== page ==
Mental health issues have received a high profile in recent months, partly due to the COVID-19 pandemic. Evidence suggests that the crisis provoked by the pandemic has led to an inexorable increase in mental ill-health, and that this in turn has implications for productivity and employee wellbeing. Yet research carried out by the ERC indicates that many employers have been slow to respond, and are relying on their line managers, who are often untrained in the complexities of workplace mental health issues, to deal with these challenges. As the pandemic continues to make its impact felt, employers will need to be ready to invest in training for their staff, so that they can provide appropriate and timely support for those experiencing mental health issues at work.

Workplace mental health issues are widespread – more than 60 per cent of employees questioned in a 2018 survey[1] reported having experienced mental health issues where work was a contributing factor. Of course, that was pre-pandemic. All the evidence suggests that a legacy of the COVID-19 pandemic may well be something of a mental health crisis in the UK. Depression, for example, doubled during lockdown[2] and the proportion of adults reporting psychological distress increased from around 20 per cent in 2019 to nearly 30 per cent in England in April 2020[3]. Perhaps most worryingly, a recent forecast by the Centre for Mental Health[4] predicted that up to ten million people in the UK – 20 per cent of the population – will require either new or additional mental health support as a direct consequence of the crisis. Clearly, this increased prevalence of mental health issues will be felt by employers and employees alike.

Prior research has demonstrated the significant impact of mental health issues in the workplace, for employers and employees. For example, in early 2020, Deloitte[5] put the annual cost of these issues to UK employers at around £45 billion, and ERC analysis[6] carried out pre-pandemic found that mental health-related sickness absence was associated with reduced productivity of around 18 per cent. An independent review[7] of workplace mental health found that 300,000 UK employees lose their jobs every year because of poor mental health. Yet we also know that many employers are unaware of the extent and impacts of mental health issues, and that only 12 per cent would approach a mental health expert organisation for help with these issues6.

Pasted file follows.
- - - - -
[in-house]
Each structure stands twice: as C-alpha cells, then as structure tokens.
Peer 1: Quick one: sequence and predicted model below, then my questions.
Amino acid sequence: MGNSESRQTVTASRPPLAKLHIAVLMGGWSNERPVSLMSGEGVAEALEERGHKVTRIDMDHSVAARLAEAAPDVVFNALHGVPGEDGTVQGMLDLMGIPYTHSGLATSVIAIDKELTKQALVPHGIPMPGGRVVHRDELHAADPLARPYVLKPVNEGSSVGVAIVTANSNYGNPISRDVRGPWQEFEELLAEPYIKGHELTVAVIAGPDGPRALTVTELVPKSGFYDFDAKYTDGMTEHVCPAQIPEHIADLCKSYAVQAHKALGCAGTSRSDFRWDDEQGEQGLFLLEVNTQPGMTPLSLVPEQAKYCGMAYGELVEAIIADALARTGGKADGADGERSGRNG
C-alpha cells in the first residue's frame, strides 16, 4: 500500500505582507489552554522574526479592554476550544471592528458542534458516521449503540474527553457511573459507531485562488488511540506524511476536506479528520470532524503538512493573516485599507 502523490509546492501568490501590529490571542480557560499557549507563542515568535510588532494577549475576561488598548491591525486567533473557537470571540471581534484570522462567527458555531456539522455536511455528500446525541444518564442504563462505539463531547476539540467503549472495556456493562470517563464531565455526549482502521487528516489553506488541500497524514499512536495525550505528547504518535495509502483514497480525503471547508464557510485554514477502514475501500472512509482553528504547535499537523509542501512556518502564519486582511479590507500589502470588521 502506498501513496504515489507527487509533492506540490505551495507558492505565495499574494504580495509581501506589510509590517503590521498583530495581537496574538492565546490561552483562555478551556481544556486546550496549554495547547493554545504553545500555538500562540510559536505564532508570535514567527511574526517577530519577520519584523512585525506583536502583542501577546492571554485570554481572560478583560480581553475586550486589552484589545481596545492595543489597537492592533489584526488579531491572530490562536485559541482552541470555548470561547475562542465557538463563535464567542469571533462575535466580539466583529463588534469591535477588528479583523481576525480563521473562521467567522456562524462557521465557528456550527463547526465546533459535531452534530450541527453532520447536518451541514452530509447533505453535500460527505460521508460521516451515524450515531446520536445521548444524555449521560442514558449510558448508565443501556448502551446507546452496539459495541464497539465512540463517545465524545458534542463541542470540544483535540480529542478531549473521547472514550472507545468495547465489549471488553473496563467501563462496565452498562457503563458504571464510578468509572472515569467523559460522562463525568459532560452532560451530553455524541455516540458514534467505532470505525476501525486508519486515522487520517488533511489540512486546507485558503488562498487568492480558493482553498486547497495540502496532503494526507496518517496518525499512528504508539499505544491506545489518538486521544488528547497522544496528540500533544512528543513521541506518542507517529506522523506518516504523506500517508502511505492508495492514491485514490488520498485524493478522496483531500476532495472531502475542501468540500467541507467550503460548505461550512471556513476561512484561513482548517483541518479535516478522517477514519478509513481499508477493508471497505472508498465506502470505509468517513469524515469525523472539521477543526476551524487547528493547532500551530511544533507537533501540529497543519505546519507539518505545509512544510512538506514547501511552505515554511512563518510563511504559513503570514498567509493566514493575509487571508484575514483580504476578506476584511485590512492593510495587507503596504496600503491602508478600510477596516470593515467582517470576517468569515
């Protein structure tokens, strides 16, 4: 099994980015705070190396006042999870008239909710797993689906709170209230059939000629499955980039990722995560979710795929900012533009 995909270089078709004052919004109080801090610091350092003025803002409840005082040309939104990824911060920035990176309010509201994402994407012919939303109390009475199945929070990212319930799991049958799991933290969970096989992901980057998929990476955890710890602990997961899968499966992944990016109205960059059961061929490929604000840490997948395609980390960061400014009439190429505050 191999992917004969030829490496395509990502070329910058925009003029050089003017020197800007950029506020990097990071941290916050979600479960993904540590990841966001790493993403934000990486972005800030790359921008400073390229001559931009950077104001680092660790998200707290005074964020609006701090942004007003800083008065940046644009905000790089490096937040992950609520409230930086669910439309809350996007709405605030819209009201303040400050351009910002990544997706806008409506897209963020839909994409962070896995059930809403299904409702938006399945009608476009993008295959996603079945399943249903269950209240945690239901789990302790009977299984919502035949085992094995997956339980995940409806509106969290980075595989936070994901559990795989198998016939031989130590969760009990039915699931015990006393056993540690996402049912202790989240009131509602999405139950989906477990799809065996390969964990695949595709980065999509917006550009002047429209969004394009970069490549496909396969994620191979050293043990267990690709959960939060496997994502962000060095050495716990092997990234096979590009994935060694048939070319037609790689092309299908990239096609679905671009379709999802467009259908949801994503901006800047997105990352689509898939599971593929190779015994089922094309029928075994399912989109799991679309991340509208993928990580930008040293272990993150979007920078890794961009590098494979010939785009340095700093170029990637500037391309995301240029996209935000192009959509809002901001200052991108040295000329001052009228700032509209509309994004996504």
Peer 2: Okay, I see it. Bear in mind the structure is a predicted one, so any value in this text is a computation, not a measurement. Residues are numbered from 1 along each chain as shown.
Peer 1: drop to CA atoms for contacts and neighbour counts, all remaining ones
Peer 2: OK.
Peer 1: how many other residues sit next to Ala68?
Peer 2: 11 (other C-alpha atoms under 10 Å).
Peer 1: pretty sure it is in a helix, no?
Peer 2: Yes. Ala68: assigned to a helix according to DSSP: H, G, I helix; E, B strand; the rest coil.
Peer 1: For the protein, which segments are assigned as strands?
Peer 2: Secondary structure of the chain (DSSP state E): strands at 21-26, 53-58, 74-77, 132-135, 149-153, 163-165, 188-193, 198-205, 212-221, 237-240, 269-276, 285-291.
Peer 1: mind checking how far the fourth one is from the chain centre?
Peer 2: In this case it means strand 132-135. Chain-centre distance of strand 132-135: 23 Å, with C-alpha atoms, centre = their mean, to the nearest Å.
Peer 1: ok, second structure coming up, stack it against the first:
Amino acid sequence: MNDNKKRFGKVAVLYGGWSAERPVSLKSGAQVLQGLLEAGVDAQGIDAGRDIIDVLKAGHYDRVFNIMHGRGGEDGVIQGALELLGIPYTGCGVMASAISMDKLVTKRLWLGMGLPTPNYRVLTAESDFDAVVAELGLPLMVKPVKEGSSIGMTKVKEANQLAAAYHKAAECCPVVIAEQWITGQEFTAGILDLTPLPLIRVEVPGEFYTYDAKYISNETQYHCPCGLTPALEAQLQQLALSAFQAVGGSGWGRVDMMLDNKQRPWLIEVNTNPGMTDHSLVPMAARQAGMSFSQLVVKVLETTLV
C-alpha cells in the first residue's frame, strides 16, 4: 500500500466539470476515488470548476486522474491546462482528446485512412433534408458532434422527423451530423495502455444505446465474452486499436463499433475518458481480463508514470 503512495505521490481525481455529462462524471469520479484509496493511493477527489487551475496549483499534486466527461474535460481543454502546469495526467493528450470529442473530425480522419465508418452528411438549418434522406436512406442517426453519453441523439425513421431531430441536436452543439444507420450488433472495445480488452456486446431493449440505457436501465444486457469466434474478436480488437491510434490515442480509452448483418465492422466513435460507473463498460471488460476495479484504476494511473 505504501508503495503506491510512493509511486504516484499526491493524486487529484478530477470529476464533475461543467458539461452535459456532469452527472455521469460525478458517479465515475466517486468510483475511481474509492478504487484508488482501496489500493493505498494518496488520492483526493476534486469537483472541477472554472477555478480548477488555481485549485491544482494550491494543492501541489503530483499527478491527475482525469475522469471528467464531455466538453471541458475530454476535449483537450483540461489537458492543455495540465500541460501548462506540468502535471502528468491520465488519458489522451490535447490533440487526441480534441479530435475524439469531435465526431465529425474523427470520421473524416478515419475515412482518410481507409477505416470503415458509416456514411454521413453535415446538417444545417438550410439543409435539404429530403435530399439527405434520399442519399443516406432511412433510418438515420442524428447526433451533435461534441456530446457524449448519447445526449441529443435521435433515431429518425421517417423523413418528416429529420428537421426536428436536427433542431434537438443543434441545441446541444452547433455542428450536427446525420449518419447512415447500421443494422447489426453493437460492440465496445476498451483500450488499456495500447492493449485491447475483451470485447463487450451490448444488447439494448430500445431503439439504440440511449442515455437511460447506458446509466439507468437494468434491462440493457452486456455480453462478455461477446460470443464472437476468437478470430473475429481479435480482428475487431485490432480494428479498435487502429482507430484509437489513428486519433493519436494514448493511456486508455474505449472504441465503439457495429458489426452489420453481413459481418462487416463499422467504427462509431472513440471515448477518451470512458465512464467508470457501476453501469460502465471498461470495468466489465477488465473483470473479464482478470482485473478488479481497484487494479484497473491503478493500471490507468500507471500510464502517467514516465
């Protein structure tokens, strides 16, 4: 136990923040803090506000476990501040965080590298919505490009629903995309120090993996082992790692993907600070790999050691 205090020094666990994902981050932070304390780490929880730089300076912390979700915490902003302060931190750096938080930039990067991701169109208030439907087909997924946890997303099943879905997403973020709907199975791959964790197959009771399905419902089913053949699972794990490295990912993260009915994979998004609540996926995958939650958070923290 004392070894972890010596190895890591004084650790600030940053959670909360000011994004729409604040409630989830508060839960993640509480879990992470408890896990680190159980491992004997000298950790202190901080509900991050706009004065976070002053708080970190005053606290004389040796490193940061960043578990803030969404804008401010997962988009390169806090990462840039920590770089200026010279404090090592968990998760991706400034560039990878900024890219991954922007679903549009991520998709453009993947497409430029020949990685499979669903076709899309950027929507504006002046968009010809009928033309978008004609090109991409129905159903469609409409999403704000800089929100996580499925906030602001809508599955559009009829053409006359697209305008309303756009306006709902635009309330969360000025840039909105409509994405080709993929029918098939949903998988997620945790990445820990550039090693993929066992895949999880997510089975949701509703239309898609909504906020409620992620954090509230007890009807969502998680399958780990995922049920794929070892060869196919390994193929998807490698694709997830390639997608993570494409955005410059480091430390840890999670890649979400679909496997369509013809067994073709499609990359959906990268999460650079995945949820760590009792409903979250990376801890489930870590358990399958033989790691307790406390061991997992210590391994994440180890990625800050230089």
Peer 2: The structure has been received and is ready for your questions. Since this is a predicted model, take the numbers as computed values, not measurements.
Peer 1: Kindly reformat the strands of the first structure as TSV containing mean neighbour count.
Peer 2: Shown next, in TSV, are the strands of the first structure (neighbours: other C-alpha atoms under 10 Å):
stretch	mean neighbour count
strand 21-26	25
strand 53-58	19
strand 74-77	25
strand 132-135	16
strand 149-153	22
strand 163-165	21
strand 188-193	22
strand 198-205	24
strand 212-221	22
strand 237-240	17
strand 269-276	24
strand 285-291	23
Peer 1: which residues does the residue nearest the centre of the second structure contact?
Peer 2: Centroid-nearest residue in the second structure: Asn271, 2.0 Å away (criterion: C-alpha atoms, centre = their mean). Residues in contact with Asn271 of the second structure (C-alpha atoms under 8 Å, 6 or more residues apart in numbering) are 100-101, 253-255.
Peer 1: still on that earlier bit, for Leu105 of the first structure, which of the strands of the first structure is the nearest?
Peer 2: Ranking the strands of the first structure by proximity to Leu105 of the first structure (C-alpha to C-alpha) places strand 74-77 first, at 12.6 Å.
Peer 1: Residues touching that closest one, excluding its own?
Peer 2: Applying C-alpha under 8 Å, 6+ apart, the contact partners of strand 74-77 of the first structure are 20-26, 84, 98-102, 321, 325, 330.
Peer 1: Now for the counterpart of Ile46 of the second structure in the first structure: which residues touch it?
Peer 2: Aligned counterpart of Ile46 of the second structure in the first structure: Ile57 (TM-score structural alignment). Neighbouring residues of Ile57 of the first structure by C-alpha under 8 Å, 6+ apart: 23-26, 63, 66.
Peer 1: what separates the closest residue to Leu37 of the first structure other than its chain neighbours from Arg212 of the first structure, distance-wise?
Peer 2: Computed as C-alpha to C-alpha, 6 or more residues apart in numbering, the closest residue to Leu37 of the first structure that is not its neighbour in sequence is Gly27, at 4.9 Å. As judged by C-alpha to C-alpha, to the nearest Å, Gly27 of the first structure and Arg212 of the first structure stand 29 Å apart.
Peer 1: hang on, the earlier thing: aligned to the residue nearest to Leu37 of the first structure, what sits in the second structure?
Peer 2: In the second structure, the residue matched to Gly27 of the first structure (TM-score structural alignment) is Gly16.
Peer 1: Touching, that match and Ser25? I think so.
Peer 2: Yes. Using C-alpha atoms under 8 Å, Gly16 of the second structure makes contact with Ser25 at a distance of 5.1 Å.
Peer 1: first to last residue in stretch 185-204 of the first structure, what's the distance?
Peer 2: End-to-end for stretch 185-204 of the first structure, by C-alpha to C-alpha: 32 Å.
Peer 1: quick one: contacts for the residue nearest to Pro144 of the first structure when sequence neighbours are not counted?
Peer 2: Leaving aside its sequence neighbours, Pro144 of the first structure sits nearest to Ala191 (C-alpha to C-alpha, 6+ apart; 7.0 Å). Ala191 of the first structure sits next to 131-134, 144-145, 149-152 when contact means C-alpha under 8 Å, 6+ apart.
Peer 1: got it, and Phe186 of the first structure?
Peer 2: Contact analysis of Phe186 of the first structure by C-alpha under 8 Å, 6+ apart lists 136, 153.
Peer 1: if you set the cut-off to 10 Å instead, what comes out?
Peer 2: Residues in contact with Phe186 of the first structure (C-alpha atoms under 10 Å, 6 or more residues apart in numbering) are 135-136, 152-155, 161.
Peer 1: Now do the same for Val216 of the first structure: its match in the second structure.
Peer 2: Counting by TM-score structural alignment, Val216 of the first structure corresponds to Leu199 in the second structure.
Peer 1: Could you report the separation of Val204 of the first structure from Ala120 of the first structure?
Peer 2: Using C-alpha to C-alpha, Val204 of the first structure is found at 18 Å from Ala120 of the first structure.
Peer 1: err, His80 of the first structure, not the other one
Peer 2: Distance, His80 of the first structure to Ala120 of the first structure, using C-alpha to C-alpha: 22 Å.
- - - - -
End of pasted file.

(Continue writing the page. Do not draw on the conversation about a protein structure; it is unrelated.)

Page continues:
In an ERC survey carried out pre-pandemic, in early 20206, 44 per cent of employers reported that they had adopted some kind of initiatives to help support good mental health in the workplace, and encouragingly this proportion had increased to 52 per cent in follow-up research done in early 2021[8]. However, only a quarter of firms actually have a designated budget for such activities, and this figure has remained static. Analysis carried out by the ERC8  suggests that when it comes to supporting mental health in the workplace, employers are most likely to adopt practices such as encouraging open conversations and making appropriate adjustments for people returning after absence. While such initiatives are an important element of workplace programmes to support mental health, they rely on line managers being willing and able to put them into practice. Worryingly, less than half of employers surveyed offered any training in workplace mental health support to their line managers 8. This suggests that many employers may be relying on untrained or under-trained line managers to deliver their mental health support initiatives.

We know that employers who have adopted initiatives to support mental health in the workplace often report improved firm-level outcomes. For example, 53 per cent said that overall business performance had improved, and 59 per cent cited higher levels of job satisfaction6. In the light of the apparently inexorable rise in workplace mental health issues, providing training for line managers in dealing with them would appear to be a wise and timely investment.

Maria Wishart, Research Fellow, ERC , WBS

Please note that the views expressed in this blog belong to the individual blogger and do not represent the official view of the

Enterprise Research Centre, its Funders or Advisory Group.

[1] BITC. (2018). Mental Health at Work 2018 report – Seizing the Momentum [2] ONS. (2020). Coronavirus and depression in adults, Great Britain: June 2020 [3] UK Government. (2021). Covid-19 mental health and wellbeing surveillance report [4] Centre for Mental Health. (2020). Covid-19 and the nation’s mental health Forecasting needs and risks in the UK: May 2020.                                                           
 [5] Deloitte (2020) Mental Health and Employers. Deloitte [6] ERC. (2020). A baseline study for the Mental Health and Productivity Pilot project  [7]Stevenson, D., & Farmer, P. (2017). Thriving at work: The Stevenson/Farmer review of mental health and employers. Department for Work and Pensions and Department of Health   [8] ERC. (2021). Workplace Mental Health in Midlands Firms 2021: Baseline report.